Wednesday, October 24, 2012

Leadership in a Deer Stand

     If you are reading this then I would like to thank you for joining me on my hunting journey.   I hope you find my recent evening in the deer stand insightful and entertaining.  I arrived about mid afternoon to the pasture to help set up our campsite.  Once the tent was set up and the supplies set out, we settled into our lawn chairs to talk about how we could solve the world’s problems.  That discussion lasted about ten minutes and then we were on to important matters, like who was going to sit in what deer stand.  The area we hunt has several deer stands on the property.  Either side of the property in all directions you can take your pick and sit in a stand on a different day of a week.  Why so many?  In bow hunting the wind can make or break a hunt if the deer move in the direction of your stand.   With a north wind then you better sit on a stand that has the deer coming in from the north.   If the deer's movement on the trail is predominately from the south they will avoid your stinky human scent or worse let all of the deer in the area know that something is up.
     How do they warn their fellow deer friends?  It's quite the sight to see a deer stand up on their back hind legs and hold up their front hooves in front of their mouth to shout out, “Live, Bambi, Live!”  That's deer code for "Run!"  Okay that only happens when watching a Bambi movie.  What the deer will really do is, with their head held up high and ears perked straight up, stomp the ground with their front hooves and snort so loud that every deer within ear shot hears.  And believe me in an empty wooden area that sound seems to travel for miles.  If this happens to you as a hunter, you have two choices. You can either get down and go to town or wait for everything to clear out and hope that some other deer wasn't close enough to hear the hunter alert.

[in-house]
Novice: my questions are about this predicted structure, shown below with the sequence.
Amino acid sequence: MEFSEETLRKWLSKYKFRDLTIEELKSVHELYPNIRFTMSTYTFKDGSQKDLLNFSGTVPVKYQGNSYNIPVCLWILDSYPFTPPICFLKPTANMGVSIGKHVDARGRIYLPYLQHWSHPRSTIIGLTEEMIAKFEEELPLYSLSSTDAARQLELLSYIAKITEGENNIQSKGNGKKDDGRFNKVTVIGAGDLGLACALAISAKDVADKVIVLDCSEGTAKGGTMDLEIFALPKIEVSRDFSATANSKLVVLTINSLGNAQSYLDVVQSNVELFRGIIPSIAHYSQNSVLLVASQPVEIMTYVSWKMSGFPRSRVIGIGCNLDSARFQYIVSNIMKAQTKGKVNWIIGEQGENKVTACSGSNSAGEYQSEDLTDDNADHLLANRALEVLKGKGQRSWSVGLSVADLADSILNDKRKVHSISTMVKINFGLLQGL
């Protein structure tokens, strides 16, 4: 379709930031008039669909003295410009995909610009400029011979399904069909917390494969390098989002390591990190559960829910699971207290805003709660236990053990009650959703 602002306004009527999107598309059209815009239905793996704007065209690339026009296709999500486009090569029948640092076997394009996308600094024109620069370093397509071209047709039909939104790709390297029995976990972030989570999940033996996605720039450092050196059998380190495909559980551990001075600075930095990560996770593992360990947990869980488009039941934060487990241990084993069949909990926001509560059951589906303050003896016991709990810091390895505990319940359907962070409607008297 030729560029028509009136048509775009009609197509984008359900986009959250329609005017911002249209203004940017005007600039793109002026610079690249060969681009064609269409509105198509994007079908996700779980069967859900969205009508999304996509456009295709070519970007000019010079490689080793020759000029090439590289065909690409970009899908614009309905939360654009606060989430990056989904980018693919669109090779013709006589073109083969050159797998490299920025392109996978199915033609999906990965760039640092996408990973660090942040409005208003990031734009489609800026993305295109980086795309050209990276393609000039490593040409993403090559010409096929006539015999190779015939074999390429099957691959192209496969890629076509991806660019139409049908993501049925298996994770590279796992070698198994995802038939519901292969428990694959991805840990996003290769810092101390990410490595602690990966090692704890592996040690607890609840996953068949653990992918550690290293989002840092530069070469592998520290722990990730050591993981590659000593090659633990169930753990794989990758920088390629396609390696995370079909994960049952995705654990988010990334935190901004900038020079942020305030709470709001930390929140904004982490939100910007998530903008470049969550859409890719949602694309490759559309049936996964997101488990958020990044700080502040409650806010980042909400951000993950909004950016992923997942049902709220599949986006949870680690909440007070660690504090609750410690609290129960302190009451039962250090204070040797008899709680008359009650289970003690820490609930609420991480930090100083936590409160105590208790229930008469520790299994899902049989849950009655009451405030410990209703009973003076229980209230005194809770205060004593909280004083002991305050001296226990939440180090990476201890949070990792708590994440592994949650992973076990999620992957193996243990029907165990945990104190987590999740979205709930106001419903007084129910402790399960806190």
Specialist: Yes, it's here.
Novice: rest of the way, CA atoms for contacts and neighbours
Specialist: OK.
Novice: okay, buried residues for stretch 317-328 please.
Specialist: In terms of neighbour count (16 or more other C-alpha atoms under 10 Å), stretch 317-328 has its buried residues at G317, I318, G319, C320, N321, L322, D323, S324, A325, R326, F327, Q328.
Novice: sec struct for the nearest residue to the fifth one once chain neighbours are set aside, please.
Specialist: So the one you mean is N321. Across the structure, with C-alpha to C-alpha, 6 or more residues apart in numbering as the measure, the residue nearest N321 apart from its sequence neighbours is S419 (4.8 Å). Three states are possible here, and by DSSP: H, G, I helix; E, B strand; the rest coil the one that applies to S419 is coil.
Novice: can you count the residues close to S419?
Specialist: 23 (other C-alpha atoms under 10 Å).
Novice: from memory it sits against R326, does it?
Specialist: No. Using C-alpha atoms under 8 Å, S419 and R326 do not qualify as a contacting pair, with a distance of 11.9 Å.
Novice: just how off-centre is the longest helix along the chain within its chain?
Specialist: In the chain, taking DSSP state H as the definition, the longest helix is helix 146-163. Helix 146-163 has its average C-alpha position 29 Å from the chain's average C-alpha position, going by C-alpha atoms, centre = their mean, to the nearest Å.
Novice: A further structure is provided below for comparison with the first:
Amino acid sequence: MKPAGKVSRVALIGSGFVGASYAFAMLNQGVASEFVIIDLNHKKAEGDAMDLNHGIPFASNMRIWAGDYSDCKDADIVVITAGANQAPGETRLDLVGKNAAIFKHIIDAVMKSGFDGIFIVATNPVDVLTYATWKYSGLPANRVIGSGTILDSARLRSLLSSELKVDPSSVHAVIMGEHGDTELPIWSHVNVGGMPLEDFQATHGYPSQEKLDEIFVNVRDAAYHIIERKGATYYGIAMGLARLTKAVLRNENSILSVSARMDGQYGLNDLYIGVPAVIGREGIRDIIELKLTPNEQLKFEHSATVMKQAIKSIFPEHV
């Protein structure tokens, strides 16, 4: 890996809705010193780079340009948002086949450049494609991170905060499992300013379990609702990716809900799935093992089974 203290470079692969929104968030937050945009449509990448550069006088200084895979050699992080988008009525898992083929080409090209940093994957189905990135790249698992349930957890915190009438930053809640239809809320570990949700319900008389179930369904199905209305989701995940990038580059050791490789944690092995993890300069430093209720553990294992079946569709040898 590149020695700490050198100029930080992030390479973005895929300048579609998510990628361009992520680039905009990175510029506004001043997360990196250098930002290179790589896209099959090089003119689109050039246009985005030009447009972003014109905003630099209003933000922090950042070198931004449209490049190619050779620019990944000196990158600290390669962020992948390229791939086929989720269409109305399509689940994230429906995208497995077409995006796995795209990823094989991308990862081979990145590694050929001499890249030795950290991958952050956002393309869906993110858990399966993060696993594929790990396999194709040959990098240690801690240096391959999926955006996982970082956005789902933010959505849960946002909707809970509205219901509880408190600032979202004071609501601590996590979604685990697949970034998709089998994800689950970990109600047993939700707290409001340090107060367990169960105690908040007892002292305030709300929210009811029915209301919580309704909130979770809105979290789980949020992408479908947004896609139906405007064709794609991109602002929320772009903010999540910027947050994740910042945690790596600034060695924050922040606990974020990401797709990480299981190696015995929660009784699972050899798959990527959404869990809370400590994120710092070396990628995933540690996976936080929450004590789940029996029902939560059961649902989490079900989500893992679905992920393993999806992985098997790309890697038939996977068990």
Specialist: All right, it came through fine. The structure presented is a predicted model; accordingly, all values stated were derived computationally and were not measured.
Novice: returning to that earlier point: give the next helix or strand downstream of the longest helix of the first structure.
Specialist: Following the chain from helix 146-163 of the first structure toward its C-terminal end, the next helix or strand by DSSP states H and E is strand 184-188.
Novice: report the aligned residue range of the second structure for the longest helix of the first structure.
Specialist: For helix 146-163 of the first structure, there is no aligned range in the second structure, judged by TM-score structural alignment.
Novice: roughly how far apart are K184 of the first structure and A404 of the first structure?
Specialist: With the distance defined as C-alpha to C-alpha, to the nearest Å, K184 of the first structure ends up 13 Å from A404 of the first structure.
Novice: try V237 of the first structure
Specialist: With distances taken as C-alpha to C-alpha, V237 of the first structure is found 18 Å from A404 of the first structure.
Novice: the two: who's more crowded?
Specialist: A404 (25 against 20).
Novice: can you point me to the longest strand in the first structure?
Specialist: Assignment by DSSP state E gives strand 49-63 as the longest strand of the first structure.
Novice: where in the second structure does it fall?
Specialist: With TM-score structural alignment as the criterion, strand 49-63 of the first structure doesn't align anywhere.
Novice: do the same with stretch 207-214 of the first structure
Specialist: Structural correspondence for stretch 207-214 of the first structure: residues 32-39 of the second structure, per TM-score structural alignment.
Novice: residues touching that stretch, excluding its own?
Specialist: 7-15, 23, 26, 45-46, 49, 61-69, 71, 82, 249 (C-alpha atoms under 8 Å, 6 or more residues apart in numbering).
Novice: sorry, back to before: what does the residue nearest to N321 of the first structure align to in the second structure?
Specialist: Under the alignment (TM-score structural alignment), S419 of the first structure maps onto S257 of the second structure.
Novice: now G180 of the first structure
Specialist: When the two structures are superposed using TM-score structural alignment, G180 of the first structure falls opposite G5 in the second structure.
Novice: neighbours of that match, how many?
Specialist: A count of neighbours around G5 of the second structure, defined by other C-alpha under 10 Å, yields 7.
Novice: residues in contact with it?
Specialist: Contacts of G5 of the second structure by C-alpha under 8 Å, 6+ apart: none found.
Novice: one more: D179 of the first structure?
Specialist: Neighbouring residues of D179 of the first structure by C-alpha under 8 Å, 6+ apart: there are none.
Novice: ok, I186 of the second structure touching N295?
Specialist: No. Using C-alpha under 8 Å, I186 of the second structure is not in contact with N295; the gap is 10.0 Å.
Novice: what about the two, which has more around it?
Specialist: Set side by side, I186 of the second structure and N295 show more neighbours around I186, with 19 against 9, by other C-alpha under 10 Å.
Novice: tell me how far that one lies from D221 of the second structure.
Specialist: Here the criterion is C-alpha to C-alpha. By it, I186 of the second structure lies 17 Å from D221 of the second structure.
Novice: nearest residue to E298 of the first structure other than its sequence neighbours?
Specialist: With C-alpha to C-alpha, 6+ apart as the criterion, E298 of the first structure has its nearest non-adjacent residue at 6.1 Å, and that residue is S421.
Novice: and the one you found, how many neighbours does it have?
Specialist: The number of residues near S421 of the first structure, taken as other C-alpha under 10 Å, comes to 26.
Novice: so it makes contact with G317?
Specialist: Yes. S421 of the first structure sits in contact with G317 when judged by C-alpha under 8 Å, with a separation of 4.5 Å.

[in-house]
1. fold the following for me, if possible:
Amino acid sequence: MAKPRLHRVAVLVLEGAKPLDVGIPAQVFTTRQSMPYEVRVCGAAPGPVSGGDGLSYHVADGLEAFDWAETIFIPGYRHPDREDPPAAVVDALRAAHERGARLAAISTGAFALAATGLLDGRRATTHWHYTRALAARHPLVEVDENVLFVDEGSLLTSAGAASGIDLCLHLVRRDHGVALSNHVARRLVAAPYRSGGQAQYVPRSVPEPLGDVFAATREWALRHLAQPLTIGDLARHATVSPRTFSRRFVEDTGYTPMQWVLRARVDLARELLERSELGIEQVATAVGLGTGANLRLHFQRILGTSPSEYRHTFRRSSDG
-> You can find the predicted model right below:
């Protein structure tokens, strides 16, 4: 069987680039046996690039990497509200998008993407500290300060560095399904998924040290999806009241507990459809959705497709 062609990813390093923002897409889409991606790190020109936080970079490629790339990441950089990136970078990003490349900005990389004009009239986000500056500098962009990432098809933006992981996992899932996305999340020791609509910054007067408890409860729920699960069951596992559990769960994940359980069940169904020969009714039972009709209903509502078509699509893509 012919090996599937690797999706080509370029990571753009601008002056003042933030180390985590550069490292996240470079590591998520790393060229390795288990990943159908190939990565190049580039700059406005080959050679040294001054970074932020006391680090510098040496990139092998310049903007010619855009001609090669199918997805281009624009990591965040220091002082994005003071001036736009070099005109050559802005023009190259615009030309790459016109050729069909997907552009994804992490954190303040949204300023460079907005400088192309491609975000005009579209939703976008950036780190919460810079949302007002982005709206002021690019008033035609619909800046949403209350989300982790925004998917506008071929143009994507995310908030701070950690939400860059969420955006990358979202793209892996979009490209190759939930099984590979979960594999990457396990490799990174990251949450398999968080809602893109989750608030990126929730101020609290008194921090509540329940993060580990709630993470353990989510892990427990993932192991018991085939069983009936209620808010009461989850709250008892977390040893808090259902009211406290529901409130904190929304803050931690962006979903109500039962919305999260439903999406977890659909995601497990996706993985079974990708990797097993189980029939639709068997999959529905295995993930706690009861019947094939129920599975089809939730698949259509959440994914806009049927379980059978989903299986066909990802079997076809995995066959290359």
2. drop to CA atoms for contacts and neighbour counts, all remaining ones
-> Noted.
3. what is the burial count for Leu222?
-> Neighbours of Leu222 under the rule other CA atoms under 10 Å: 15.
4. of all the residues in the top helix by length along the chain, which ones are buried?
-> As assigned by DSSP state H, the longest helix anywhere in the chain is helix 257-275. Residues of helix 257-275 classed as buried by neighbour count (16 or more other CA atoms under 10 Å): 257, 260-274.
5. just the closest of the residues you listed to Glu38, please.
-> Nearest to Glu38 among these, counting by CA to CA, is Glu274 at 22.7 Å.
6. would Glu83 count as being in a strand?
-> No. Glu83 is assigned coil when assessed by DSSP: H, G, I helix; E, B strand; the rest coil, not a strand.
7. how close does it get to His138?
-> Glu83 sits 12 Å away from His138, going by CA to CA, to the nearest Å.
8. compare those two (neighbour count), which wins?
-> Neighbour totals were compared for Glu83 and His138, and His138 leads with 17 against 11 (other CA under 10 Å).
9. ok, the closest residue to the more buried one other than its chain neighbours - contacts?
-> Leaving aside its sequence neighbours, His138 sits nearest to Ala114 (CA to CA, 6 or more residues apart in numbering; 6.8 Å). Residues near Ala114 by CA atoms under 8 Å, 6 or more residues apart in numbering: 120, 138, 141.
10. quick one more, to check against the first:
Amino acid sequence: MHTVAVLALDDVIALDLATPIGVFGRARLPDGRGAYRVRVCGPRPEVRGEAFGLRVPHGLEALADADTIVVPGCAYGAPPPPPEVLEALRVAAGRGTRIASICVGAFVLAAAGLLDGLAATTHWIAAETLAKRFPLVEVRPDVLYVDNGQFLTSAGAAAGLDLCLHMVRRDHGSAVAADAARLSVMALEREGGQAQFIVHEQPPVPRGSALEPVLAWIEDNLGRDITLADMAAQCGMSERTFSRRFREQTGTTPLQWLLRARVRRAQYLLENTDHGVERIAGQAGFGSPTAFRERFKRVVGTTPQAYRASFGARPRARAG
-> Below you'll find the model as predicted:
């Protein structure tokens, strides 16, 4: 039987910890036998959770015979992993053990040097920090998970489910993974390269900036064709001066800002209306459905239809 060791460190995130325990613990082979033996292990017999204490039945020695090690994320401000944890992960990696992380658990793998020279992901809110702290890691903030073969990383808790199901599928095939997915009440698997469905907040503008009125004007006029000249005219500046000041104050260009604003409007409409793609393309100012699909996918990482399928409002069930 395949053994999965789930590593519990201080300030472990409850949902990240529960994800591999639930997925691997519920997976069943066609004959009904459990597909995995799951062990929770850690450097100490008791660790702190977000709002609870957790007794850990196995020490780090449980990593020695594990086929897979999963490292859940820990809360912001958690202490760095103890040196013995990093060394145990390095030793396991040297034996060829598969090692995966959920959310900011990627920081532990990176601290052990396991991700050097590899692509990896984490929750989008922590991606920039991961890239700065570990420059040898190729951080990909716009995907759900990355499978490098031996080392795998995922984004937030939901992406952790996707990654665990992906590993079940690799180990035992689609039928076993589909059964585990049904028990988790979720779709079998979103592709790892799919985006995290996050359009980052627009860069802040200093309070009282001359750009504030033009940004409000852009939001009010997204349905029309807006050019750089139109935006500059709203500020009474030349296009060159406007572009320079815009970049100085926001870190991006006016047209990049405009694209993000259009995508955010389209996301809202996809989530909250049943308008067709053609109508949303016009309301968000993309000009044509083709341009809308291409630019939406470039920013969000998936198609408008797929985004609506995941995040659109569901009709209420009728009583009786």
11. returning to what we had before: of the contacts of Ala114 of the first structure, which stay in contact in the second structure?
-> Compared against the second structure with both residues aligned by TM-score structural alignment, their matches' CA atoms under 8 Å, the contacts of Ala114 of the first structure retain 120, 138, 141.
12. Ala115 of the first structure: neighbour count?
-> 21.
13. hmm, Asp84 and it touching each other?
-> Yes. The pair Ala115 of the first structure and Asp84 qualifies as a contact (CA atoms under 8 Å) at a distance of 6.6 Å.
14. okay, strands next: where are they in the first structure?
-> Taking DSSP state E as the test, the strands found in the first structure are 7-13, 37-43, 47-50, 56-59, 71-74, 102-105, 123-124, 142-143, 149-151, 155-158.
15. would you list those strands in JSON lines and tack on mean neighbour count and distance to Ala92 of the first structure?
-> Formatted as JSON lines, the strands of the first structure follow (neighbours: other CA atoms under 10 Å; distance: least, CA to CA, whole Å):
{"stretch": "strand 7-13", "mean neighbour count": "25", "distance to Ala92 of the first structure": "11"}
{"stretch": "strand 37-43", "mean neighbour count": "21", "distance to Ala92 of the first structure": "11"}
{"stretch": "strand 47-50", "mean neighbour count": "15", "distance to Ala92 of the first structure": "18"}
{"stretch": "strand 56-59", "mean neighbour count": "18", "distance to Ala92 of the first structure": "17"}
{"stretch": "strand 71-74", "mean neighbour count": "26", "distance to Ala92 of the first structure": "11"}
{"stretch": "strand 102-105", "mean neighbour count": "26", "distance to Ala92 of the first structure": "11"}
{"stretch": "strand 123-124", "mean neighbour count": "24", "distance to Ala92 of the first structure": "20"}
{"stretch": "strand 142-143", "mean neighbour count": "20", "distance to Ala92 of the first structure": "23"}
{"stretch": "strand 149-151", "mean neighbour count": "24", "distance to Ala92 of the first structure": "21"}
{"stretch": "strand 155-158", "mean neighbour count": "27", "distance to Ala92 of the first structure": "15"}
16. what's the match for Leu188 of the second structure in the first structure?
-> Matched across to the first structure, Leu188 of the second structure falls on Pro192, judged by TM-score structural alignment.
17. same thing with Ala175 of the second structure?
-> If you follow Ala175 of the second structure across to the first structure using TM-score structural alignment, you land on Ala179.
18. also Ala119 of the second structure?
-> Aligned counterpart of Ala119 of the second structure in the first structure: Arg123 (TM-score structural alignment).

As a leader I can learn a lot from this process.  Be well prepared, but don't be discouraged when everything goes wrong.  Be patient and wait it out because the circumstances could change for the better.  Like any successful program, plans have to be made, steps have to be taken to insure success.  As Stephen Covey would say, "Begin with the end in mind."  The end for me, in this situation, is successfully bagging a nice deer.  Trophy deer would be great for my ego, but I would be just fine with improving from the last deer I shot.  Either way it's still a win-win, because my family and I can still enjoy the meat harvested from the hunt.  Even though the hunt may not go exactly how I like it, hunting can be just like leadership.  The experience is always the best part of the process. 

Next Post:  Leadership in the Hunt

1 comment:

Mr. Nelson said...

We could learn a lot from the deer that warns the others, too. From a "dumb animal" point of view, shouldn't it just turn tail and run? It would be better served to get out and leave the others to distract the hunter. Instead its instinct is to warn those near him, whether he knows them or not, regardless of his danger. How is he served by this? I suppose a strong leader doesn't need to question this, but relies on that instinct.